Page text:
I'm sitting watching yet another program about the current British property boom. The theme is simple - property is being priced out of reach of first time buyers. It's a horror story I've been watching for a while, coupled with the rise in personal debt. According to a statistic I heard tonight, the British have the highest per capita personal debt, including mortgage debt, in the world.
In most respects, I'm really glad DH and I are already on the property ladder. Our house needs work, but it is a solid 1930's semi in an outer London suburb. It isn't our ideal suburb; we procrastinated about house hunting in 2002 and watched houses in our favourite area go up by £100,000. They had been in the £150,000 region; when we started house hunting in January 2003, the cheapest in that neighbourhood was £240,000. That was more than four times our joint salaries. So we started circling outwards until found a house we could afford 7 miles from our original target. If we tried to buy it today, it would be out of our price range.
The property market here is has reached scary levels. I don't understand how "normal" people can now get on the ladder; mortgage companies have been advertising multiples of 5 or 6 times salary but even at those levels most people can't afford a small flat, let alone a family home. The average salary here is approximately £27,000; at five times salary, Joe Average could borrow £135,000. I did a quick search on www.findaproperty.com: he would be lucky to purchase a small studio flat anywhere in London. I counted 5, including one in Aylesbury, Buckinghamshire (another 20 miles out of Central London from here).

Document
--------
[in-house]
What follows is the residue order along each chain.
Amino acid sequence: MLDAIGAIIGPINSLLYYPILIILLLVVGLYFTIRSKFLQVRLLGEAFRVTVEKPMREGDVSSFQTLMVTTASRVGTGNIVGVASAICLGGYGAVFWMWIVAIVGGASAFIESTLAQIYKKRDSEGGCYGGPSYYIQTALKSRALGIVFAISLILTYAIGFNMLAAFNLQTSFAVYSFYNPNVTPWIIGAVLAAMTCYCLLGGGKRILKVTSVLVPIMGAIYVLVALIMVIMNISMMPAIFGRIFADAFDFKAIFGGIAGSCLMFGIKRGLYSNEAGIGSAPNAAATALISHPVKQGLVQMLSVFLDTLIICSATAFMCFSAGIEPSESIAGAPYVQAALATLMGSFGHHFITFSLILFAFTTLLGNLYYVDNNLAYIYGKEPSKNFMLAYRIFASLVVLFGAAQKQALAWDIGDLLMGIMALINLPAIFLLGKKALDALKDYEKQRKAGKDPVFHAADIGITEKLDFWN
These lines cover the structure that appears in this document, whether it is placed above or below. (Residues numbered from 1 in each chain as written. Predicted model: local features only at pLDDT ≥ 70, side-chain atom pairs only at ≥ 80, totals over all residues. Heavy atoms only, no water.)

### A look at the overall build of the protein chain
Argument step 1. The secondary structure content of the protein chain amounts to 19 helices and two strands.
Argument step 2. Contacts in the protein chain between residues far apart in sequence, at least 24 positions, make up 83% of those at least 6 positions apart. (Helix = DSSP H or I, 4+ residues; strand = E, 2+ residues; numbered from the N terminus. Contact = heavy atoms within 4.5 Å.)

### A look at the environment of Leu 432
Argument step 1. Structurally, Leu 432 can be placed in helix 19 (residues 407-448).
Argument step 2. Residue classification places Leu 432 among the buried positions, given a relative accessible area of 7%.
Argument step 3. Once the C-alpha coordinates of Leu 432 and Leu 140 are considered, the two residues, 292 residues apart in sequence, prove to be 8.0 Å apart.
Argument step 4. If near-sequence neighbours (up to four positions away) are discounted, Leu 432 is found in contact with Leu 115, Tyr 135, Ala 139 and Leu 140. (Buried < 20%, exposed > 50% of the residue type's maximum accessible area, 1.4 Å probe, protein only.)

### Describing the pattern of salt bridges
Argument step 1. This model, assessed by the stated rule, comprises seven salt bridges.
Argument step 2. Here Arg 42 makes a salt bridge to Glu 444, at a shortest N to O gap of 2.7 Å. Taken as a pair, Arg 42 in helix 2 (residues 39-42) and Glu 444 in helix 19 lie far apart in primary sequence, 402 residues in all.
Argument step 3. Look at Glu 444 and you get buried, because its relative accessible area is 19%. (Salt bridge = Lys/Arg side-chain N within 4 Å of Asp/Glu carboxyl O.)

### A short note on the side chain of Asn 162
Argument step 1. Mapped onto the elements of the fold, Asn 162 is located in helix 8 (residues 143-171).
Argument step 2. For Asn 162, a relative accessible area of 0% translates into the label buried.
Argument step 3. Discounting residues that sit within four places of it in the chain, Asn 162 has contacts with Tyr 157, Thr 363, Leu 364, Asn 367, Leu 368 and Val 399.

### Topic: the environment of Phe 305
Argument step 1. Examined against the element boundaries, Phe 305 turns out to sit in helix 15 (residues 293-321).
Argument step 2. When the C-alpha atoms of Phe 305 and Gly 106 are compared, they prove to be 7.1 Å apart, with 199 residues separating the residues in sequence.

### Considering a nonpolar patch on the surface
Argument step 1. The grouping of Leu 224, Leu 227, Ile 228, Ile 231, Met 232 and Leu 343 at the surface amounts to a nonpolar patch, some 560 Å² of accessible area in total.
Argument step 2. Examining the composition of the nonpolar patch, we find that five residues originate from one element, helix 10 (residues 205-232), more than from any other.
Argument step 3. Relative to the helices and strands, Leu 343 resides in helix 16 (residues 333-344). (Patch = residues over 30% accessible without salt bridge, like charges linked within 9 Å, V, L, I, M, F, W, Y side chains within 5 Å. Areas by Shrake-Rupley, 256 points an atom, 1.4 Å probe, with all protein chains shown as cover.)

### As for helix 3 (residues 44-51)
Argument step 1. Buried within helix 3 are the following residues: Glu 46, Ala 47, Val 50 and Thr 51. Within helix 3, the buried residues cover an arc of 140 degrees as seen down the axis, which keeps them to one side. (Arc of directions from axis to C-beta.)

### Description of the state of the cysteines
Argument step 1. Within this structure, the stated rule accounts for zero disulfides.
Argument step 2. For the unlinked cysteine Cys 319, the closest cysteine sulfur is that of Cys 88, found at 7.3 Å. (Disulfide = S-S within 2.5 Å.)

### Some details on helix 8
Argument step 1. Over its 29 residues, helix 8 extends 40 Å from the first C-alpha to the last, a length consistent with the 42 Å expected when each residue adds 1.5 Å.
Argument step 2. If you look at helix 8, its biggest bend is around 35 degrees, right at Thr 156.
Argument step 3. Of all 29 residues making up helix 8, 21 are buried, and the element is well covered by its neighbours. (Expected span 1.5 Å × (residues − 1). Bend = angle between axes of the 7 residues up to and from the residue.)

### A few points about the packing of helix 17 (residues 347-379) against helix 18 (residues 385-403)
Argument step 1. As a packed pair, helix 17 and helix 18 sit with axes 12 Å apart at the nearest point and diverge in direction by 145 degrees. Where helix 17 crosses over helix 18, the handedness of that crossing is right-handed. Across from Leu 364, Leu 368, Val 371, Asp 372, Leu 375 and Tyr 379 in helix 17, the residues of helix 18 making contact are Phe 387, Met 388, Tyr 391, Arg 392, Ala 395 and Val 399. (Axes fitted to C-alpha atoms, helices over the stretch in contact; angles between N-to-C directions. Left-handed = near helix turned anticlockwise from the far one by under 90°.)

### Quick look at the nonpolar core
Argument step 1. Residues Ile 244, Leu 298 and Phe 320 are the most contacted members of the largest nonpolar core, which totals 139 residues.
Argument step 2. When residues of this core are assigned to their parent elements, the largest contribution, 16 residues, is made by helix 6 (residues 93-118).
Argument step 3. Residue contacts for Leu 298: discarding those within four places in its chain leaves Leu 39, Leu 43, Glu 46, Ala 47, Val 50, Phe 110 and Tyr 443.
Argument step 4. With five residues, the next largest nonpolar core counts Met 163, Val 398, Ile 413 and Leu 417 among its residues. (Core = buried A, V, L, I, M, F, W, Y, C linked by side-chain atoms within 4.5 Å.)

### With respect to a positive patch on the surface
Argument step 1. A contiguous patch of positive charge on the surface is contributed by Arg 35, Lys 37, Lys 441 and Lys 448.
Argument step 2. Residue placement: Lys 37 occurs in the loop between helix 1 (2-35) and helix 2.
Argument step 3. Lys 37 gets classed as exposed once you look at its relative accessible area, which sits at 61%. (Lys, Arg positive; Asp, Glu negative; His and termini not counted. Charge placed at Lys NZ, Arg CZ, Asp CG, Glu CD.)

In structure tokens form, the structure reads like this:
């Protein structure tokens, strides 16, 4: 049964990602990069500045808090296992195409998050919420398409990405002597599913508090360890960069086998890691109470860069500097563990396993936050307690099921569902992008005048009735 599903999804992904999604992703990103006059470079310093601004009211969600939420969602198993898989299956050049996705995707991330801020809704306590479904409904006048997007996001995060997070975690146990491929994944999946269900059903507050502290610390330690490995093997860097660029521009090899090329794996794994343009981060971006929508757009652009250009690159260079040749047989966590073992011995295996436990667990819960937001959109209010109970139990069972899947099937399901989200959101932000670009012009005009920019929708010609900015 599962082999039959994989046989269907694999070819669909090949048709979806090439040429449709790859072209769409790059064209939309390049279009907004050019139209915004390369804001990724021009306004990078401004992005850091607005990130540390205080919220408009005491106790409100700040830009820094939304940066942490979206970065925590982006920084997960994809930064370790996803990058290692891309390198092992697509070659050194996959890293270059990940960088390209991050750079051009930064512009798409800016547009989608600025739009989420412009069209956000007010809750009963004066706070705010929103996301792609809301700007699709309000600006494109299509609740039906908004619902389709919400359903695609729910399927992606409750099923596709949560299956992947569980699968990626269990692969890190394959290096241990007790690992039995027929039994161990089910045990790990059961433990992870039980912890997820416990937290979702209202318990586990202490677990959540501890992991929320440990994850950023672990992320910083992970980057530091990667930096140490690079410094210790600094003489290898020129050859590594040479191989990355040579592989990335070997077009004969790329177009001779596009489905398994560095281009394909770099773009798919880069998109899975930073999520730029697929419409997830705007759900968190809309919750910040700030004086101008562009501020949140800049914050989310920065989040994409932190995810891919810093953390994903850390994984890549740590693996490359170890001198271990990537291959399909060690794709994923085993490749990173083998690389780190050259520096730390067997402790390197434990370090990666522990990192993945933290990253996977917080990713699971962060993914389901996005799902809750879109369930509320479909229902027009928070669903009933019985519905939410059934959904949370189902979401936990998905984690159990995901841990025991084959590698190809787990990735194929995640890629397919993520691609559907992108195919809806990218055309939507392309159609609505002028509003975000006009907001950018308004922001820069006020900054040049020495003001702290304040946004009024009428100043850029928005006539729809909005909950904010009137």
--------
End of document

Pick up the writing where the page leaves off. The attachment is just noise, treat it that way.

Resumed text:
The real question is what will happen now credit is drying up? Wages are rising at 3% per year, whilst house prices are rising at closer to 15%. Employment and salary figures are skewed by the recent influx of Eastern Europeans, who happily take lower wages than existing residents because they don't realise how high cost of living is and/or only plan on working here for a relatively short time until they have improved their English or reach a saving goal. This can't carry on.
Academically, I know how this game will play out. People will borrow money on larger and larger salary multiples until either property prices rise completely out of reach or the banks stop offering them. Those that have borrowed crazy money will find their mortgage payments eating up large proportions of their salaries and disrupting how they'd like to live their lives. Then a crisis will hit, probably in the form of higher interest rates, particularly as long fixed rate mortgages are almost unknown here - most people are on variable rate. The overstretched will survive for a while using their credit cards to supplement their income. And then their personal house of cards will start to topple. And their neighbours. And their friends. Personal tragedies hidden in an avalanche of bankruptcies and repossessions.
It's like an elaborate game of musical chairs, but with consequences. How many people will be damaged, how many homes will be lost, and how many banks fold as a result of debts gone bad, before the music stops?